This is part of an ongoing series exploring the main varieties of tea. Subscribe for free to stay updated when new posts are added.
What is black tea, exactly?
Black tea is tea that has been fully oxidized. Like oolong, white, green and pu-erh teas, black tea is made from Camellia sinensis.
Black tea is so named because of the fact that the tea leaves, after the oxidation process is complete, have a darker appearance than other teas. The brew ranges in colour from amber to golden, depending on the type of tea and how strong it is.
To the uninitiated, black tea is synonymous with tea. But while it’s the most common tea found outside of Asia, in reality black tea is second to green tea in terms of global popularity.
In China, black tea is known as red tea, while pu-erh tea is known as black tea. Confusing hey?
Where is black tea grown?
Black tea is grown and produced just about anywhere that tea is produced. China, India, Ceylon (Sri Lanka), Kenya, Indonesia, Vietnam, Malaysia – all are major producers of black tea.
Japan is notable because it produces hardly any black tea, while Taiwan puts out a small quantity of black tea which is mainly sold domestically.
What are some of the most famous types of black tea?
Chinese black teas
China’s black teas are varied and markedly different from the black teas produced elsewhere. Keemum is a fragrant, beautifully flavoured black tea coming from Anhui Province, in eastern China. Lapsang Souchong is a very dark tea with a distinctive smokey flavour, hailing from the Wuyi region of Fujian Province. In far southwest China, bordering Myanmar, Laos and Vietnam, is Yunnan Province, a region of stunning scenery that produces full-flavoured black teas with a unique character.
Indian black teas
More than half of India’s teas are produced in Assam, a state in northeast India. Assam produces some high-quality tea, but much of its tea is of a lower grade, often used as the base of the well-known breakfast tea blends (English, Irish and Scottish). Darjeeling, a region of India which lies wedged between Bhutan and Nepal at an elevation of 7,100 feet, has a much lower output of tea, but makes up for it in quality. The high standard of teas from Darjeeling have given it a reputation as the Champage of Teas. The southern-most tea region of India is Nilgiri, which lies in western India in the state of Tamil Nadu. Nilgiri teas are fragrant, though the quality of teas from Nilgiri is generally not as high as those from Assam and Darjeeling.
Other famous black teas
Ceylon (Sri Lanka) is renowned for producing brisk black teas sold as single-estate teas or used in blends. Indonesia produces a large quantity of tea used in tea bags, though it has a limited output of finer loose leaf tea. In recent decades, African nations like Kenya and Tanzania have also risen to prominence as major tea producing countries.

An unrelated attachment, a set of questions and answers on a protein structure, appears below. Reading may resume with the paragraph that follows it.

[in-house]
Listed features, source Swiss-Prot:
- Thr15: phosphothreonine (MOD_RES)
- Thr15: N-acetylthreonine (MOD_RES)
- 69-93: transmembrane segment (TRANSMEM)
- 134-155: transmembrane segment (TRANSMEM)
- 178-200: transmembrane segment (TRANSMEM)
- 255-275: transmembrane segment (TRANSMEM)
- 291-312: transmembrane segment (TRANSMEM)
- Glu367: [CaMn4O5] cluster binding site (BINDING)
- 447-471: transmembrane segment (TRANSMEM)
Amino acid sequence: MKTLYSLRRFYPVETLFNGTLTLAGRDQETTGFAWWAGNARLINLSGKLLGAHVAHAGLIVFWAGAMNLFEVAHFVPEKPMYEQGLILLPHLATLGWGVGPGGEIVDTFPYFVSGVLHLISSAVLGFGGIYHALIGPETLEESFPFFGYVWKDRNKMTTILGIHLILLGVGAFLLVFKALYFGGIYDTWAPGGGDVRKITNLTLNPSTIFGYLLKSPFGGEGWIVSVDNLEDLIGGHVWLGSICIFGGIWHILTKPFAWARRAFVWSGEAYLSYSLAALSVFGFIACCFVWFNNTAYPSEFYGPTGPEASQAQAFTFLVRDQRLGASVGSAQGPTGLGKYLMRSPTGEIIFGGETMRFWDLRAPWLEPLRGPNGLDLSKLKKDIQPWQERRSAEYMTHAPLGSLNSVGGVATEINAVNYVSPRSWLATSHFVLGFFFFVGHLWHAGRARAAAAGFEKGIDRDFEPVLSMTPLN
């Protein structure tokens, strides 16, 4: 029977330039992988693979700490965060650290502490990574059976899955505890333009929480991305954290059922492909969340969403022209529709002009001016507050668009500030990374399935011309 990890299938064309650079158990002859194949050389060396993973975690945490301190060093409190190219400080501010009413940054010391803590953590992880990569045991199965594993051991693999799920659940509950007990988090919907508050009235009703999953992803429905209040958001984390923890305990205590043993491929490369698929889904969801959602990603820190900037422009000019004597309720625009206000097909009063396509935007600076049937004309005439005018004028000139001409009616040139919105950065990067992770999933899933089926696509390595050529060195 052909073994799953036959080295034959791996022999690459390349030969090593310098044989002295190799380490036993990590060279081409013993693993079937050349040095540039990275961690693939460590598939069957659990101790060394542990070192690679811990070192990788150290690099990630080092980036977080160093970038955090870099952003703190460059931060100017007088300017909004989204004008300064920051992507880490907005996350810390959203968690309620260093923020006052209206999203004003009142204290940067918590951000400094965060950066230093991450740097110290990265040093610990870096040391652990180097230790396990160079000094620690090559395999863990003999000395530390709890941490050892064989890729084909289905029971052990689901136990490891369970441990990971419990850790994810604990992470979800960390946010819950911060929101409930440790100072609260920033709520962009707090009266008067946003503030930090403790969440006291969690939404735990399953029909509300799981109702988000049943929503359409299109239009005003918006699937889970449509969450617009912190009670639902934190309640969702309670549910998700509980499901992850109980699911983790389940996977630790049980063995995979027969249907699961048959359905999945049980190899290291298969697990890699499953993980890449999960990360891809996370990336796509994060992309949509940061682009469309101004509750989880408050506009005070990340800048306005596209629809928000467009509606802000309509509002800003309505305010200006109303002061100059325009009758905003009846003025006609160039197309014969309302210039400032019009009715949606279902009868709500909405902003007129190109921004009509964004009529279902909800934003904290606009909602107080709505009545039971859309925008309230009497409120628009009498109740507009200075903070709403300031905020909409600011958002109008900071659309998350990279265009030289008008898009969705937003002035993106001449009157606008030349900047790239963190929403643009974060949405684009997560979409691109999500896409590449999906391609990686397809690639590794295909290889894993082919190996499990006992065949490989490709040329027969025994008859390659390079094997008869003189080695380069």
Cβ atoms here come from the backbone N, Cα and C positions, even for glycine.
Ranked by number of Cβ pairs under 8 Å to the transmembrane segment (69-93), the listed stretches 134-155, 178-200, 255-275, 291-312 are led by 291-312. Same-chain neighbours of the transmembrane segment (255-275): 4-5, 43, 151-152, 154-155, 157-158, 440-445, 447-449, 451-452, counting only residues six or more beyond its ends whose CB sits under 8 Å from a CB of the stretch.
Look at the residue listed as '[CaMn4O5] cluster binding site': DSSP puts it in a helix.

Besides these region-specific teas, there are a multitude of black tea blends which you will undoubtedly have heard of. Besides the breakfast blends mentioned above, some of the most popular include Earl Grey (scented with bergamot oil), Lady Grey (scented with bergamot oil and blended with orange and lemon peel), Prince of Wales and Russian Caravan (usually a combination of Lapsang Souchong and Keemum or Yunnan).
What’s the best way to brew black tea?
Black tea is best brewed with freshly boiled water at around 80-90° C. Allow it to stand anywhere between 3 and 5 minutes, depending on how strong you like your tea to be. Unlike the other varieties of tea, black tea is usually only good for one steeping.
Many people have their black tea with milk and/or sugar. I shy away from both of these. If the tea’s not good enough to drink on its own, I figure it’s just not good enough to drink!
What are the health benefits of drinking black tea?
There are definite health benefits to drinking black tea. Recent research has shown that black tea can improve dental health, reduce stress, improve your memory, lower cholesterol levels, reduce the risk of heart disease, inhibit Alzheimer’s disease and improve mental focus. The oxidation process means that black tea contains less of the antioxidants that green tea contains, though a study by Chinese researchers found that black tea contained more theaflavins and thearubigins, which can have anti-allergy, anti-inflammatory, and anti-cancer properties.
Does black tea contain caffeine?
Like every other tea produced from Camellia sinensis, black tea contains caffeine. Many people are under the impression that black tea contains more than all the other varieties of tea, though, as I have written previously, this isn’t always the case. The level of caffeine in any given cup of black tea depends on how it was produced and how long it is allowed to steep, among other things.
More on this topic: How much caffeine does green tea contain?
Where can I buy black tea online?
To begin with, check out the Tea Finely Brewed marketplace, where you can browse and compare black tea from different tea merchants.
Buy Tea Online – Firsthand advice on the best websites for buying tea
- Numi Tea offer fair trade, organic teas, including a lovely range of black teas.
- Adagio Teas have a diverse range of black teas available, including a Black Sampler which serves as a great introduction to the world of black tea.
- Mighty Leaf Tea also have a nice range of black teas.
- Generation Tea have some unusual and rare black tea offerings, well worth trying if you’re looking for something a little different.